@Alex, he’s got basic reading skills. This is Spain: From 3-5 y.o kids are taught numbers and letters, basic mathematic operations and so on, aside of other things. From 4-7 y.o they start writing and reading: they first go associating groups of letters to phonemes, then reading basic sentences and progress into writing and reading longer texts. My nephew can copy text and write anything if is being helped and is able to read very basic sentences. What I meant is that he has not the knowledge to read and understand menu’s text by himself just yet, independently of that he might understand some word. Take into account too that he eventually may find text in three different languages: Galician, his primary language (KDE and Windows Vista are set to that locale), Spanish and English (which are found surfing the web).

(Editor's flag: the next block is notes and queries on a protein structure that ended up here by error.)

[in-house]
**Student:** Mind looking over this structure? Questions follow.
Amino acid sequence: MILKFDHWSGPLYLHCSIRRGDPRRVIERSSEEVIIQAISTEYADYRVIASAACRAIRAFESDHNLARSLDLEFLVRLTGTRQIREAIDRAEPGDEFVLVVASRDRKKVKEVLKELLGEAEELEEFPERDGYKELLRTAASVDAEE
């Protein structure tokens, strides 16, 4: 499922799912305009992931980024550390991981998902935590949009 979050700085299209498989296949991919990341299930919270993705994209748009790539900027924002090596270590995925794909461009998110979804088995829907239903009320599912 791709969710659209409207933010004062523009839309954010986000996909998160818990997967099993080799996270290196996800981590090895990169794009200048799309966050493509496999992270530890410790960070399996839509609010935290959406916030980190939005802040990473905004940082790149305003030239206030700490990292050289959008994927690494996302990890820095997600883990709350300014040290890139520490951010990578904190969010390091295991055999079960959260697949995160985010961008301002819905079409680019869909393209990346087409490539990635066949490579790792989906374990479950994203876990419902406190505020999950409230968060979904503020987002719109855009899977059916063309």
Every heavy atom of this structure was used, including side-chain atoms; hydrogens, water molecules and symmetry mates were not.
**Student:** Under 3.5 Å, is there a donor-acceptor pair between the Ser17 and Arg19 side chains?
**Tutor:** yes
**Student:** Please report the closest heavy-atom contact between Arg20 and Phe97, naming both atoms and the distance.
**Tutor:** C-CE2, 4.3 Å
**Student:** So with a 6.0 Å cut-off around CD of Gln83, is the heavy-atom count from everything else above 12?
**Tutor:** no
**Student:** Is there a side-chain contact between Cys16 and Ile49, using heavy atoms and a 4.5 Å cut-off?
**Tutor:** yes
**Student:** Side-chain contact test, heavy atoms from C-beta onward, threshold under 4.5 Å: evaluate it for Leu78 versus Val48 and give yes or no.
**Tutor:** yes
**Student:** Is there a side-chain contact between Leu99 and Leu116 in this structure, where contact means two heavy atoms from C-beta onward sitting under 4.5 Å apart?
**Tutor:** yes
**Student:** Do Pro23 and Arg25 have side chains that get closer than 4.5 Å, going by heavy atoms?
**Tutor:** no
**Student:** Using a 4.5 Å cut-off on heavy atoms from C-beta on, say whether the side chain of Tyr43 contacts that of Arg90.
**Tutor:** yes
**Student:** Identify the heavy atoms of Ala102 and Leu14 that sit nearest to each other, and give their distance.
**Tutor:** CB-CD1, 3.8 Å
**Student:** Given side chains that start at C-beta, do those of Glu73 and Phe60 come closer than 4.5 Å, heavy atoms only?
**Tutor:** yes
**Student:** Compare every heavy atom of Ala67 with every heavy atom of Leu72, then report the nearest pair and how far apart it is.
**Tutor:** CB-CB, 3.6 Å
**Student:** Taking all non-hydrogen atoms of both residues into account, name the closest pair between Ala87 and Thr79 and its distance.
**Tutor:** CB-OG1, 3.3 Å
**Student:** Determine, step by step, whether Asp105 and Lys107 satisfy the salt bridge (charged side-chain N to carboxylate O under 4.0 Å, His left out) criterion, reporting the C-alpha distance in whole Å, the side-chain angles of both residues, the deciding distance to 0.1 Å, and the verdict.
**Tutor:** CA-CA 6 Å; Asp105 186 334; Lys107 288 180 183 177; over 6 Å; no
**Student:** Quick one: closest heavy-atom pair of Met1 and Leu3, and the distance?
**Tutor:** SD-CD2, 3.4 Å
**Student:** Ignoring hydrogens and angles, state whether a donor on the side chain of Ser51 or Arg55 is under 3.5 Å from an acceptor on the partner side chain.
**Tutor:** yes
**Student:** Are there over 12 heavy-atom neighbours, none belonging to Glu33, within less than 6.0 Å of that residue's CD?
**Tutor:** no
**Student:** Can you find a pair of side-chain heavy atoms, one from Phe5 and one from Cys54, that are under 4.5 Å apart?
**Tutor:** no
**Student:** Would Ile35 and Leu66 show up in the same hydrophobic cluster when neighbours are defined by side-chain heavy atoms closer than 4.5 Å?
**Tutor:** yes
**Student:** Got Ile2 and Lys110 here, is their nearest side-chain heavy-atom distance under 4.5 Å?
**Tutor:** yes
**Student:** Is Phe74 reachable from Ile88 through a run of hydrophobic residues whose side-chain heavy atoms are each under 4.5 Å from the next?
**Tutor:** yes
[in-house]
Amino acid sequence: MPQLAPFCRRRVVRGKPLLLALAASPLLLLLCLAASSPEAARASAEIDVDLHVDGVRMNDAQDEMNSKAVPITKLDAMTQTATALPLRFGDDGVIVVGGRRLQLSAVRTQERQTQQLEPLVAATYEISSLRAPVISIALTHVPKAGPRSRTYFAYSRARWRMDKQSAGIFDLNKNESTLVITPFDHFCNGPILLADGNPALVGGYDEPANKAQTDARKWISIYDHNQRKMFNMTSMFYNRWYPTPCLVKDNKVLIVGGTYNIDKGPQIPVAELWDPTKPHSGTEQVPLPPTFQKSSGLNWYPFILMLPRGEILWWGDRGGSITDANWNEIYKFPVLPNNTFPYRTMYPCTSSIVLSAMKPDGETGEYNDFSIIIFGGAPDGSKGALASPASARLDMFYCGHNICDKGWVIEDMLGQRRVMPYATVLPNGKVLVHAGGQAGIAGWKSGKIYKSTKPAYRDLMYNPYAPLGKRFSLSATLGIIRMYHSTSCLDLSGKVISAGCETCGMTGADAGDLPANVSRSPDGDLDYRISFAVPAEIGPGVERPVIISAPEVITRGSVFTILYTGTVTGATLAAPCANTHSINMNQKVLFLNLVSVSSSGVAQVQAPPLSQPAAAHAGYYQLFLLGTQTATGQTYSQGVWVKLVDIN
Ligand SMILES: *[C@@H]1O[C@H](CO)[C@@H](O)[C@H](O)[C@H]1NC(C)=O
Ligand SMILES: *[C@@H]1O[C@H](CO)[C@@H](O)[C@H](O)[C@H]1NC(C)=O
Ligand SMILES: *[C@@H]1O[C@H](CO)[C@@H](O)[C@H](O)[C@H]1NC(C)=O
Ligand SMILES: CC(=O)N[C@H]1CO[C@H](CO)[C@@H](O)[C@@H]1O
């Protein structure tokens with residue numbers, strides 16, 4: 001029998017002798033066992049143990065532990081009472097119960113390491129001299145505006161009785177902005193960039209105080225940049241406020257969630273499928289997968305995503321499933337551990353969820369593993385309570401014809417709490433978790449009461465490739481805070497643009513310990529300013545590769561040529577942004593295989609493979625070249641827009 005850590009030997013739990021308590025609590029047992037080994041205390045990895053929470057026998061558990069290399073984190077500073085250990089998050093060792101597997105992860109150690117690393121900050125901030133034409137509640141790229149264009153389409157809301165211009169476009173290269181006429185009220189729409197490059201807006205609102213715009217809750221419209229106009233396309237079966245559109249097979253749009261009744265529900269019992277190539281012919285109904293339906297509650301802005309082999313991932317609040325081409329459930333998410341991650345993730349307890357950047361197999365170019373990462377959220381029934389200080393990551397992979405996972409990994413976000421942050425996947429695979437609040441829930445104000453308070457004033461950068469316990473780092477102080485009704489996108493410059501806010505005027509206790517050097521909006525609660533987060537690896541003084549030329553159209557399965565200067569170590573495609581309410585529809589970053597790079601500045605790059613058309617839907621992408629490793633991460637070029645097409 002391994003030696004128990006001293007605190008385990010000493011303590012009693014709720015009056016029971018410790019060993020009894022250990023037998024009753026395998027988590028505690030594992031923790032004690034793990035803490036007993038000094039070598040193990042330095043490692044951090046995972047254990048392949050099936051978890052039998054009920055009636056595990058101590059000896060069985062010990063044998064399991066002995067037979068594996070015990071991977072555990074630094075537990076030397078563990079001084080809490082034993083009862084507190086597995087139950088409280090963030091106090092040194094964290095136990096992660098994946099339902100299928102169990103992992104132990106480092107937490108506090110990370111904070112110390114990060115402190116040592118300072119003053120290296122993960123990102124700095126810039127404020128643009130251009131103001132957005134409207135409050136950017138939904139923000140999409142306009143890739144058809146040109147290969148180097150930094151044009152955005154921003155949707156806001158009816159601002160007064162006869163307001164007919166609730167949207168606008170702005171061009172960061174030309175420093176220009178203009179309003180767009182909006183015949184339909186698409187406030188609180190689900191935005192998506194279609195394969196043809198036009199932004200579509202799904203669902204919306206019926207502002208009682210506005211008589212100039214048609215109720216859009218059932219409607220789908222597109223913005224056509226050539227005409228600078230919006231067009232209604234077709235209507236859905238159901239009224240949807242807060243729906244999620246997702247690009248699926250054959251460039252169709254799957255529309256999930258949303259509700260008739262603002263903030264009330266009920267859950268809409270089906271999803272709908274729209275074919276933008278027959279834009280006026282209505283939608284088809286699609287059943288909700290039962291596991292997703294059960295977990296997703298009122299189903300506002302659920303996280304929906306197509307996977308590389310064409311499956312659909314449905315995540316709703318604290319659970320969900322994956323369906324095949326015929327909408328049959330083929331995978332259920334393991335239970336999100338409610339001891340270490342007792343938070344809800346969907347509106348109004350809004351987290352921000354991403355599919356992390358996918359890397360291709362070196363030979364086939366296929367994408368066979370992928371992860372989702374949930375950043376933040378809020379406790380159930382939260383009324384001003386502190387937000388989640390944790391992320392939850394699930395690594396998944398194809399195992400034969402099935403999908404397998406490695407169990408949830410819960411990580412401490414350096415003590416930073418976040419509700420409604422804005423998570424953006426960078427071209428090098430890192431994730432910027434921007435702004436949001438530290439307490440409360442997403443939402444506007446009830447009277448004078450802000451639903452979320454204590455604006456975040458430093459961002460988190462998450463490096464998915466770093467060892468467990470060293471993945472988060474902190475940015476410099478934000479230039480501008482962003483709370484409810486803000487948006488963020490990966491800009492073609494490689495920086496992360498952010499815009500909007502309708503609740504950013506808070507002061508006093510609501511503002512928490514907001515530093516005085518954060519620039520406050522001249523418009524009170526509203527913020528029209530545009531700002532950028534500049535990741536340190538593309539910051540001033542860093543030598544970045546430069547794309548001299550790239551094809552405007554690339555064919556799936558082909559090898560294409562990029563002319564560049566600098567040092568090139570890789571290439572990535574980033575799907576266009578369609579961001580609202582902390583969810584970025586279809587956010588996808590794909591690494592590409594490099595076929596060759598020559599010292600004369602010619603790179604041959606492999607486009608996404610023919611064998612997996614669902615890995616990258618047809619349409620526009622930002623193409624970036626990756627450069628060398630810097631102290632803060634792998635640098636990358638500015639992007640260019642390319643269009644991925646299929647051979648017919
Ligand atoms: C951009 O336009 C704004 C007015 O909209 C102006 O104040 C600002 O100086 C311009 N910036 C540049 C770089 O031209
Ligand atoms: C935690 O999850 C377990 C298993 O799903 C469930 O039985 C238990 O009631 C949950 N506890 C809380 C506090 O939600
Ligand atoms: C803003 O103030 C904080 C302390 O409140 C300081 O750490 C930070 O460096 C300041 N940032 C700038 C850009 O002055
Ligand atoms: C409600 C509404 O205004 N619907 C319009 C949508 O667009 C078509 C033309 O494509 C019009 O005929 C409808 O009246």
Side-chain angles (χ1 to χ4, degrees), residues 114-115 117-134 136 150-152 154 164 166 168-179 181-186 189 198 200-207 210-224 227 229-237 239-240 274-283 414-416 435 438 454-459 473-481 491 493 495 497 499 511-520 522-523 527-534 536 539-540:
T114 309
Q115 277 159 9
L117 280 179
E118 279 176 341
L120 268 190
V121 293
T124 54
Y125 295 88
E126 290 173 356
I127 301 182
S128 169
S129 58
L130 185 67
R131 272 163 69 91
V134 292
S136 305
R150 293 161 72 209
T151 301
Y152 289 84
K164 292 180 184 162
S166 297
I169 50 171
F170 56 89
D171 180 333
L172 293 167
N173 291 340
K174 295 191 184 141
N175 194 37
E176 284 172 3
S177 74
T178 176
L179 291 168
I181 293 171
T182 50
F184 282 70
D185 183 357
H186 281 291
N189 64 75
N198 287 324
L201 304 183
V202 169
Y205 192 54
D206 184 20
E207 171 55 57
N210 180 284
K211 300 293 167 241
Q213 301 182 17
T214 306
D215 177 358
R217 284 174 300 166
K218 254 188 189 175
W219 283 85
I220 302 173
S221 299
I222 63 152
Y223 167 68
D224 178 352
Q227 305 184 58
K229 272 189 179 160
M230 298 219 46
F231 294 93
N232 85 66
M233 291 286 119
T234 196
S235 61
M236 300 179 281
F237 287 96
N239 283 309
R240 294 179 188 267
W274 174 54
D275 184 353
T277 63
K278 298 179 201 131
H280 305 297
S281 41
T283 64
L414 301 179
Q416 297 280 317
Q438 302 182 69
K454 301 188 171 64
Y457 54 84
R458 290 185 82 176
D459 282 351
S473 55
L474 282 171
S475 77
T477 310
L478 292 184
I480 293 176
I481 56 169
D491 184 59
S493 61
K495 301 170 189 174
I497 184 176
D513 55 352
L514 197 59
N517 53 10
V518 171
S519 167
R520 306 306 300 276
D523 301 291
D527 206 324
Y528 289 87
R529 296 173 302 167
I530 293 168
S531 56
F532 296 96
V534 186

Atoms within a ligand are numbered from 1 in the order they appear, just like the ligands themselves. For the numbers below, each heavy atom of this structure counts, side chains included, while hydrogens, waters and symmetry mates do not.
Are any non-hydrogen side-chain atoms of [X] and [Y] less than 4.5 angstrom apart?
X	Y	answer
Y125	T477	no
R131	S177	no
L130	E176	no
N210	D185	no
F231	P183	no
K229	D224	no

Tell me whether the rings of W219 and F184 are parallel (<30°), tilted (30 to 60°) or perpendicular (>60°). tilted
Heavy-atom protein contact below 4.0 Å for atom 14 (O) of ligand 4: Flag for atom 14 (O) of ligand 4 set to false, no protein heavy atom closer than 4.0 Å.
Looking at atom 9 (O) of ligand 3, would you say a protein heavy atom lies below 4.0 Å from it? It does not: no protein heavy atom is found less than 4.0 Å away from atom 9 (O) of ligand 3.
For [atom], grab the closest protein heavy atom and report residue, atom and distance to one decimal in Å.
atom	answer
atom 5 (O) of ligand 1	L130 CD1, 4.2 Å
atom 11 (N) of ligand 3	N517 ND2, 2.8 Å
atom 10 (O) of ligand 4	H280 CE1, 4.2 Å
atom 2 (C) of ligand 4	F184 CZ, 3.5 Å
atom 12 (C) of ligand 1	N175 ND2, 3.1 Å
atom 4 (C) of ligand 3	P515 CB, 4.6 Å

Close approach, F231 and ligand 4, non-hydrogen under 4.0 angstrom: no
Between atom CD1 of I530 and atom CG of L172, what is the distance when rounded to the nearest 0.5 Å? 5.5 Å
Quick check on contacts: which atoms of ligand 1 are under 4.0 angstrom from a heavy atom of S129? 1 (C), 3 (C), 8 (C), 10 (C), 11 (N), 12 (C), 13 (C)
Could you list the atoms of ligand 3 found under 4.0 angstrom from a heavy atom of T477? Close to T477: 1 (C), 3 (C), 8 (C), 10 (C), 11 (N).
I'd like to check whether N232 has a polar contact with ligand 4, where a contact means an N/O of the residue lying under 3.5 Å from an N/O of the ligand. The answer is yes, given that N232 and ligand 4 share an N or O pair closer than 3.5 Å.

7. August, 5 2009 at 10:27 pm

    Thank you for the great story. By the time I have kids it wont be nothing else but Linux, since I run this as my prime thing.

    I loved the thing that he asked if there was any Linux on the computer on school and his teacher didn’t know what it even was.

    I think it depends on what you feed them digitally, it has nothing to do with brightness or whatever. Linux has many more ways to approach it than Windows.

    Thanks again,
    Martin

  8. Michael
    August, 6 2009 at 1:32 am

    I find that flash games and videos perform MUCH better in Opera. I’d use it all the time if not for font rendering issues.

  9. August, 6 2009 at 5:08 am